Typical AA Irrelevant Aside:  Once some years ago in one of our weekly deal review meetings with some of the highest life forms in the firm present ethereally electronically as befits their exalted existence, one of my colleagues began touting a deal with $6 million in revenue.  A rather distraught team leader jumped in to minimize embarrassment by noting the deal was significant for “potential market development”.  An unfortunate turn of phrase.  The “big” man or others of nearly the same rarefied stature would periodically ask how PMD was coming along when they wanted to tweak a tail.  PMD thereafter became a sort of tag line in the group to justify “certain” behaviors.  There was the case of a rather large beverage expense incurred with several colleagues that AA successfully explained as “PMD brainstorming”.   
What could change to propel MENA into relevant fee territory?
Fees are the product of volume and pricing.  (Math pun intended).
US and Europe have volume.  MENA doesn’t have the volumes.  Even with KSA’s economic plans sustained volumes at the US/Europe level are unlikely.
But there’s another problem.  Low fee levels, particularly in KSA, as Bloomberg notes.
Banks and advisers working on Saudi Arabia’s $6 billion National Commercial Bank IPO, the world’s second-largest IPO in 2014 after Alibaba Group Holding Ltd., received about $6.7 million in fees, or about 0.1 percent of the offering’s value. By comparison, Credit Suisse and Morgan Stanley took about 1.2 percent of proceeds on the Alibaba sale.
"The Aramco IPO is likely to have fees hugely squeezed," said Emad Mostaque, chief investment officer of emerging market hedge fund Capricorn Fund Managers.

One might argue that MENA fees are depressed now because current clients are predominantly public sector entities that generally pay lower fees.
Indeed.
What are the prospects for a local private sector Alibaba (other than the one pictured above) and the sort of private sector deals we see in the USA or Europe?
Off in the distant future if at all.
After the successful National Commercial Bank IPO, KSA state entities retained some 60% of the bank.  The planned Aramco IPO targets placing a whopping 5% of existing shares, leaving 95% in government hands.  In neither case are private sector fees likely to apply to follow-on deals.  And if the initial performance holds (NCB was wildly oversubscribed and Aramco is likely to be as well), market demand will bolster client demand for lower fees. 
That doesn’t mean that foreign banks will shun Saudi or other MENA deals.
Fees aren’t the sole criterion for participating in a deal. 
Sometimes “maintaining relationships” or “creating” them is a compelling motive.  The mantra goes: Do a cut-price deal, gain admission to the client’s magic circle of favored banks, be repaid many times with  subsequent richly priced deals.  But often the subsequent “rich” deal is a mirage.  If the client is used to “cut rate” prices, future transactions are likely to be just as “fee skinny” as the entrée deal. 
Or if the deal is strategically important to the country, your reward will be a fast track to a banking license in the country where you can earn above average profits from private sector clients. That’s the theory, though this also often doesn’t work out in practice.
Banks have other motives, e.g., doing deals to enhance league table position to bolster their image and marketing.  That’s why you’ll see more than the necessary number of banks on very large or very prestigious deals often working for a song.  But without sustained substantial fee revenue such efforts come to naught.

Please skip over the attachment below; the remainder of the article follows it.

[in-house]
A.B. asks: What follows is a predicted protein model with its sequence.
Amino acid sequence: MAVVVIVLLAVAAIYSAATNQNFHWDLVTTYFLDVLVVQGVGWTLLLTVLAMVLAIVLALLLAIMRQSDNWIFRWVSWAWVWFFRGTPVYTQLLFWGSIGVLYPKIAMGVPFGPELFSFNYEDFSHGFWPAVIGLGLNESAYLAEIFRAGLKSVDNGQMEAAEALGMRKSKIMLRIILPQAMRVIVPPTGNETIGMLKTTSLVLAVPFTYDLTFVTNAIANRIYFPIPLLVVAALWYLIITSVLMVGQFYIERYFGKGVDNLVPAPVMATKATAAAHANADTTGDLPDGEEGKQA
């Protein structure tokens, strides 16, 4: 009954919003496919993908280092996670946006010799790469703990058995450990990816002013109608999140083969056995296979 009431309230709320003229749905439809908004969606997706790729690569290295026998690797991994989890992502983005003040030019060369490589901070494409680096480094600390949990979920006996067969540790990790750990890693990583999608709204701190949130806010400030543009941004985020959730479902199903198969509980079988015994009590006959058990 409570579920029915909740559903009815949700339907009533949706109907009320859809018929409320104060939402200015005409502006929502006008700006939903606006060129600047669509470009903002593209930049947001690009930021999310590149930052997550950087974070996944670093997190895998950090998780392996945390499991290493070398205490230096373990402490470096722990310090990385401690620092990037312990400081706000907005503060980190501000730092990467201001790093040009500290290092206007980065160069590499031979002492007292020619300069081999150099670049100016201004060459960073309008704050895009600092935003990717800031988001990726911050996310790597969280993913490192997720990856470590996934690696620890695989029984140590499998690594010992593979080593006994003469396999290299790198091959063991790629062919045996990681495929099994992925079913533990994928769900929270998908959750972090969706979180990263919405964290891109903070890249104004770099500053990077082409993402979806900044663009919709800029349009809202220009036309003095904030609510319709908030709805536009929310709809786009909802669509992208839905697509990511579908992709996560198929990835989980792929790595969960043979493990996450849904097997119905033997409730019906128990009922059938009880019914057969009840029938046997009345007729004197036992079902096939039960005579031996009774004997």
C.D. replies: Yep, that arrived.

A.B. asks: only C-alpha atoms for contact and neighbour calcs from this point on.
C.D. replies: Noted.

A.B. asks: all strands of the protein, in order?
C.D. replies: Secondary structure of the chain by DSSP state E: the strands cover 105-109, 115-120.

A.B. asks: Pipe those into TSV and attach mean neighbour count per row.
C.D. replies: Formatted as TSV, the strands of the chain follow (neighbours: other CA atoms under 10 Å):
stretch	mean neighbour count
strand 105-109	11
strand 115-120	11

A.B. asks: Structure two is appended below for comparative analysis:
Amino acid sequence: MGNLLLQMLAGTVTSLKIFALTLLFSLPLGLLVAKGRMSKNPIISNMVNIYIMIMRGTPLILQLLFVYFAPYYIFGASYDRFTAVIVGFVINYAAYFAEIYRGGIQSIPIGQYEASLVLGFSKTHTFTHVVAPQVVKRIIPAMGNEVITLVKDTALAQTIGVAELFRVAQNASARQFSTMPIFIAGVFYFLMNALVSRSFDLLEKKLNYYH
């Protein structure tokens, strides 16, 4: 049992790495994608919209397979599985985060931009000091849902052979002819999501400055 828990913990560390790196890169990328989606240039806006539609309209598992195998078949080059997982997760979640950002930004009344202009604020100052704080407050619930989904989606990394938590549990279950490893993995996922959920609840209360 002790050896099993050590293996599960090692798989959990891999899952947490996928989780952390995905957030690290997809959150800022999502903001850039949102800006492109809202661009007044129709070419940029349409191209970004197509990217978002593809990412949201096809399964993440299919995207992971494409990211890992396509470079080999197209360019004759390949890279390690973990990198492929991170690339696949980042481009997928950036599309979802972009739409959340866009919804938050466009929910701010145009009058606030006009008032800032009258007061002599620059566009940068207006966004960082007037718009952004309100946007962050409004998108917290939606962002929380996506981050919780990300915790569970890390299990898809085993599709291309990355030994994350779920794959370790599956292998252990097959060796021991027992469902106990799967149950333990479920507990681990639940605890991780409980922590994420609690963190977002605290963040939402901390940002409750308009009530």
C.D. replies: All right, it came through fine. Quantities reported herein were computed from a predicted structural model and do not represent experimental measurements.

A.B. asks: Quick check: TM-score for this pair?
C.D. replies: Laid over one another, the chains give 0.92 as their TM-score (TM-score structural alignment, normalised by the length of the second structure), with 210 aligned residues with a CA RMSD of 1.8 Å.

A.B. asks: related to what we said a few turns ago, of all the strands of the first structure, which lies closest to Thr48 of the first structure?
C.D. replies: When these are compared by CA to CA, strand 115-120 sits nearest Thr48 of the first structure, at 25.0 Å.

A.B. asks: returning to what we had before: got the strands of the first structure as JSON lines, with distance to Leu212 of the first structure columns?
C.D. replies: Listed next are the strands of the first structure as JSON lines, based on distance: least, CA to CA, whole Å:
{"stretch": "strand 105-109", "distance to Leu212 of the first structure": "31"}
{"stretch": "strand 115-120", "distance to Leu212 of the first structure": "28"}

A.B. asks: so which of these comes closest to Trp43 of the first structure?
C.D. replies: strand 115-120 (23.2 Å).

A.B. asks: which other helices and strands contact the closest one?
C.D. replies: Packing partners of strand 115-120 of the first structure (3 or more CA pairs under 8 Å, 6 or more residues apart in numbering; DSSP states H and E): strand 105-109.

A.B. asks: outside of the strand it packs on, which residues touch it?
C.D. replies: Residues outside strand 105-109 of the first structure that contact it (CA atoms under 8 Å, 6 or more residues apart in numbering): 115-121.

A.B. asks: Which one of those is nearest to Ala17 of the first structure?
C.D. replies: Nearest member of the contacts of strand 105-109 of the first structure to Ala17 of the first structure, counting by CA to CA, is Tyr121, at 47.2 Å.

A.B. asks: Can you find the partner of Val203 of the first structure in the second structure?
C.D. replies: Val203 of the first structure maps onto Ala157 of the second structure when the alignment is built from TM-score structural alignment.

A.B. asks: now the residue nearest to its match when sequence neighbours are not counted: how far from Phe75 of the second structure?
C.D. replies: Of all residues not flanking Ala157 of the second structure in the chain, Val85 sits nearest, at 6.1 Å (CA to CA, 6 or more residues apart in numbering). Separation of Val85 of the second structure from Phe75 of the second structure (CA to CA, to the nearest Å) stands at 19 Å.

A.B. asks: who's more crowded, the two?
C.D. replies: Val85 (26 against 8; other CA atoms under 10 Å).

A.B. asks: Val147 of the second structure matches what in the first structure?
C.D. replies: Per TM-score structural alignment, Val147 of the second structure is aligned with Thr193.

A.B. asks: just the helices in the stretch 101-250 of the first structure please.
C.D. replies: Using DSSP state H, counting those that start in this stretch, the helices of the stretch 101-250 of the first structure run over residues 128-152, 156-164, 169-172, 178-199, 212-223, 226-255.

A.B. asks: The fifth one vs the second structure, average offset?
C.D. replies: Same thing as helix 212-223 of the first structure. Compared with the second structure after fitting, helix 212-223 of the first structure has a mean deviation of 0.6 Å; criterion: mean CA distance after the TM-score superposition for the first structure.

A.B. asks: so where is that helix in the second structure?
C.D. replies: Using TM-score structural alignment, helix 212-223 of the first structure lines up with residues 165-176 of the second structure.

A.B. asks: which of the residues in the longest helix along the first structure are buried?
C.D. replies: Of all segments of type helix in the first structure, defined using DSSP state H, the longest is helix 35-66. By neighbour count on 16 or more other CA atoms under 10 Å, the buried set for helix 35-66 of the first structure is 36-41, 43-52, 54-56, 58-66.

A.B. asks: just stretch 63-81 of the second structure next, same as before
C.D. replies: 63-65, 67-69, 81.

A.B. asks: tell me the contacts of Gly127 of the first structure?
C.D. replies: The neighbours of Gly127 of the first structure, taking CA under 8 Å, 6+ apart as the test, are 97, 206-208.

Also sadly, as history shows, despite self-proclaimed “smarts”, IBs are prone to fads, fashions, and, yes, hype.  See Lehman, Bear, Citi, et al.  Or dotcoms,mortgages, whales, etc.  If the music is playing, there is a strong compulsion to get up and dance.

Important Disclosure re Abu Arqala's Position at Suq al Mal

Divinely and Wifely Guided


Sadly, neither God nor my wife insisted that I take my current position at Suq al Mal.  It seems that not all are called.

On a positive note, I rather like what I do here.

Friday, March 10, 2017

Indian Banks: Sadly Things are Looking More “Subdued”


It's Not Cricket!


Things are looking mighty “subdued” as carefulobservers might say.

Some quotes from Bloomberg followed by (AA) comments.

Bloomberg
Stressed assets -- made up of bad loans, restructured debt and advances to companies that can’t meet servicing requirements -- have risen to about 16.6 percent of total loans in India, the highest level among major economies, data compiled by the nation’s Finance Ministry show.

AA is puzzled.  I would think that “advances to companies that can’t meet servicing requirements” would qualify as “bad” loans.  And that restructured debt that was performing, i.e., meeting servicing requirements would not be bad debt.  On the other hand if restructurings were “cosmetic” in nature, then they are indeed bad loans.  If loans aren’t performing, they’re “bad” loans.  If loans are restructured at lower rates perhaps even below market rates but are performing, shouldn’t banks bear this cost? 

Bloomberg

Ratings companies including Fitch Ratings Ltd have come out in favor of setting up a state-backed “bad bank” to tackle India’s ballooning stressed assets problem, a move resisted by Raghuram Rajan, the former governor of the Reserve Bank of India.

Seems to AA if banks’ “bad” loans are ballooning, the country probably already has more than one “bad” bank, particularly when one factors in the comments in the article about “hiding” bad loans, failing to take tough decisions.